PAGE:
Unlike the invasion of Panama (1989), the Gulf war (1991), the Balkans war (1999) or even the Afghanistan conflict (2001-2007), Iraq has taken over 3,000 American lives. Had the reconstruction of Iraq gone as relatively smoothly as the three-week removal of Saddam, most Democratic candidates would now be heralding their past muscular support for democratic change in Iraq.It also seems likely these Democrat politicians know voters to generally be rationally ignorant, and thus, they also expect to get away with being disingenuous.
So instead of self-serving attacks on the present administration, Democratic senators and candidates should simply confess that while most of the earlier reasons to remove Saddam remain valid, the largely unforeseen costs of stabilizing Iraq in their view have proved too high, and now outweigh the dangers of leaving.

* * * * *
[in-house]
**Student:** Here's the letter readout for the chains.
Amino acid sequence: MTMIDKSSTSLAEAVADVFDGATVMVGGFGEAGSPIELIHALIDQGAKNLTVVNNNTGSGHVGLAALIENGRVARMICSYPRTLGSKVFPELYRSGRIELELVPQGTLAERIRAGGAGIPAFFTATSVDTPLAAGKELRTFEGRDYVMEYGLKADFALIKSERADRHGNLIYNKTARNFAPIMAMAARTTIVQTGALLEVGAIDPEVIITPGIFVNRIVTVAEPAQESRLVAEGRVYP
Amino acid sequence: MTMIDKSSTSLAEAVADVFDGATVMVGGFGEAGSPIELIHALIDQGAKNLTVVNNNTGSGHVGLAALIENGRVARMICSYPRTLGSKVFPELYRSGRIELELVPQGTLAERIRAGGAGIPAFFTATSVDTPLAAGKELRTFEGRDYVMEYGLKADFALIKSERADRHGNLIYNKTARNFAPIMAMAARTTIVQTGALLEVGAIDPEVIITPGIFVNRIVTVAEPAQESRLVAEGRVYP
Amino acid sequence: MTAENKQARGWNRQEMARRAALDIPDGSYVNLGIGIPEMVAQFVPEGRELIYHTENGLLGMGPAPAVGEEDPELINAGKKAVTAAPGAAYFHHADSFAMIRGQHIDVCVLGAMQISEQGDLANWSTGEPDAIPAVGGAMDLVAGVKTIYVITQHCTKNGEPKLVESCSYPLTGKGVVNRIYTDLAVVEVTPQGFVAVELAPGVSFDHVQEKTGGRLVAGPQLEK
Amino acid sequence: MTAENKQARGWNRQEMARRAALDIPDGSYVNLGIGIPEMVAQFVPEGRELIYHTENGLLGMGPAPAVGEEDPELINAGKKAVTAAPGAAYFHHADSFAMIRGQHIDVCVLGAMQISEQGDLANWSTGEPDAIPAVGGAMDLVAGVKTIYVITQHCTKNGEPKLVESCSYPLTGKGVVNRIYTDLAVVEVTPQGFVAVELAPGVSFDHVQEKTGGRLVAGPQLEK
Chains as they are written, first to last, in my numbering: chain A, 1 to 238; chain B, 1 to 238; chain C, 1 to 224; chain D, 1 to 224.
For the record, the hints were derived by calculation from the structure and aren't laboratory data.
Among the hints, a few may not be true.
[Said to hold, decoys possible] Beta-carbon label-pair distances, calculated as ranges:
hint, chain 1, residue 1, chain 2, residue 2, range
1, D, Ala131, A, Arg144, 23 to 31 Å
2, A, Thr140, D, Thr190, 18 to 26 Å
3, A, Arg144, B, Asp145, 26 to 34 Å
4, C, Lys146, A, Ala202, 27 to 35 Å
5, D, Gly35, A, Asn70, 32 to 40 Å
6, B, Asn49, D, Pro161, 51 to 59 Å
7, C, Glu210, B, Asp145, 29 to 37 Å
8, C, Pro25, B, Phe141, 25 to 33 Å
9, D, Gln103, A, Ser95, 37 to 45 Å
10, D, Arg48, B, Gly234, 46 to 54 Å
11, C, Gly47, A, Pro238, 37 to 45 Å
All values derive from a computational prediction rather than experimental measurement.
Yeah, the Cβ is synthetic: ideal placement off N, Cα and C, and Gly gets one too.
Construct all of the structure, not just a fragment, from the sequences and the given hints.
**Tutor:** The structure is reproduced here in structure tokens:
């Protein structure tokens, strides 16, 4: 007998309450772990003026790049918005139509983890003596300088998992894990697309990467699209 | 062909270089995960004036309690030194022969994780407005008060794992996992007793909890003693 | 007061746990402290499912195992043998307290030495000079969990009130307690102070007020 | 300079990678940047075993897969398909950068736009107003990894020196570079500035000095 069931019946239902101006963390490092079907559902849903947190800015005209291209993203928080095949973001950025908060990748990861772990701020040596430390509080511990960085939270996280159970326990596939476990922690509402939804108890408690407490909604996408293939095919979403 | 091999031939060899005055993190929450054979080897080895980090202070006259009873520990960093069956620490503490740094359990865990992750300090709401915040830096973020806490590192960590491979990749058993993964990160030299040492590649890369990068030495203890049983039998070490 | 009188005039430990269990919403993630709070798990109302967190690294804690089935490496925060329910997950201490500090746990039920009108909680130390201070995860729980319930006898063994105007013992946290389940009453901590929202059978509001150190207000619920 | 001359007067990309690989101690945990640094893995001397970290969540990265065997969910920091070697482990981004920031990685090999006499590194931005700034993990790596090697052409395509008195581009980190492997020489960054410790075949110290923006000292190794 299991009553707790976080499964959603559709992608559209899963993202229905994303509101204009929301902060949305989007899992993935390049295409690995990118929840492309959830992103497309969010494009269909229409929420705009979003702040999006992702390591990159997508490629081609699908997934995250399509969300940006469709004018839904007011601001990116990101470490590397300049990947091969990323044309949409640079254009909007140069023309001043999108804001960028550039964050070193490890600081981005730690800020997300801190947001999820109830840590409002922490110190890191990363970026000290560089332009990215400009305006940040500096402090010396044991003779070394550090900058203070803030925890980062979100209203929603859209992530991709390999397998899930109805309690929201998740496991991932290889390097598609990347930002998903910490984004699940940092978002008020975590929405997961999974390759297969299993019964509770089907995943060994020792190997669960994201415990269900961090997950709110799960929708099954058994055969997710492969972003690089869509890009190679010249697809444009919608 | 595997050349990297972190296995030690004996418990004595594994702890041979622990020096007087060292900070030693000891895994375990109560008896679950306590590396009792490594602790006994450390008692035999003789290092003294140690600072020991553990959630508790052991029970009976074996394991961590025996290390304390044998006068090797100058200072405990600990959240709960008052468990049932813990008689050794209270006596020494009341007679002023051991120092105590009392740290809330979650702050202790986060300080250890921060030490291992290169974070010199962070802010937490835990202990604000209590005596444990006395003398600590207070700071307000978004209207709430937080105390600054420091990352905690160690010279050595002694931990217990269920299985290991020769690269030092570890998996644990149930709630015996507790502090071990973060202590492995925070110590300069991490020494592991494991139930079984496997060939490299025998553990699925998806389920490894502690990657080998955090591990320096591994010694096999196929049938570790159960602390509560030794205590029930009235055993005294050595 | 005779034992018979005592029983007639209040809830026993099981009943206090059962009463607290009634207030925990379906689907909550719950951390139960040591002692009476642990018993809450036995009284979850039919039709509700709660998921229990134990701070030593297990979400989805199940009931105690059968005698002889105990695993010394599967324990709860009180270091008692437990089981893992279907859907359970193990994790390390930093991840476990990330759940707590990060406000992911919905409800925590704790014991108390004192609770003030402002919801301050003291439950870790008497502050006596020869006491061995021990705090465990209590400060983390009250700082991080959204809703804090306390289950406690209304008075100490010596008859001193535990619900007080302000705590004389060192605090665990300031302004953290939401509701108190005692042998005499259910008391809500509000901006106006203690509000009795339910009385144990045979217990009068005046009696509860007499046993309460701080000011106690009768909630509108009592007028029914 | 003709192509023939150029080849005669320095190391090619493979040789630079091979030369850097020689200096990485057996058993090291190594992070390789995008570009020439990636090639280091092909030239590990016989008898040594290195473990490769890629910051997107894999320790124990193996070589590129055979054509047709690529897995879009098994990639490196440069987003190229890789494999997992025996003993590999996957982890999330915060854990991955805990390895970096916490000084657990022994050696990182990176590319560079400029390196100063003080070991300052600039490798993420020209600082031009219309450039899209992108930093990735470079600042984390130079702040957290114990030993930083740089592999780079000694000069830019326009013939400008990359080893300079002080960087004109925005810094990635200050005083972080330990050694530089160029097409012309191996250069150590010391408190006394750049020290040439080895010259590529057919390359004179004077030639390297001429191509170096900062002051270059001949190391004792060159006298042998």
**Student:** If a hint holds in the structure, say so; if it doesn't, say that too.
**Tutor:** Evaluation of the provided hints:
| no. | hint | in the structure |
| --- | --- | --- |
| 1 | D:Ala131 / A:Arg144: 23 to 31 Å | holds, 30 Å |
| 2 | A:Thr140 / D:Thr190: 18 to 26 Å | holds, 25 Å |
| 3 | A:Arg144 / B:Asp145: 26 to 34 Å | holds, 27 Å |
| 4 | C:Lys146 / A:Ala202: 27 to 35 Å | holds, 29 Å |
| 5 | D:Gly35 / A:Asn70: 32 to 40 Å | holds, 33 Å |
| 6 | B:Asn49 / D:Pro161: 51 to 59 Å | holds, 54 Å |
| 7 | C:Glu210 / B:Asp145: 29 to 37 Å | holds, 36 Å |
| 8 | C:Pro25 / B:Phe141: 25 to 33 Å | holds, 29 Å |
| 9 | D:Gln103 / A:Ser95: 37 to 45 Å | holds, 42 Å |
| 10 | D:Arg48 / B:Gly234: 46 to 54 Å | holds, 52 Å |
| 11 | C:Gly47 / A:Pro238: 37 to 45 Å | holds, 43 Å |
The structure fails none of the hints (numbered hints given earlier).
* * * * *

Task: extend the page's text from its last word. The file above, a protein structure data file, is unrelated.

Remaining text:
But they should remember one final consideration. The next time a Democratic administration makes a case for using America’s overwhelming military force to preempt a Milosevic or a mass murderer in Darfur — and history suggests that one will — the Democrats’ own present disingenuous antiwar rhetoric may come back to haunt them, ensuring that such future humanitarian calls will probably fall on ears as deaf as they are partisan.
Friday, March 09, 2007
I think Victor Davis Hanson sees these issues clearly: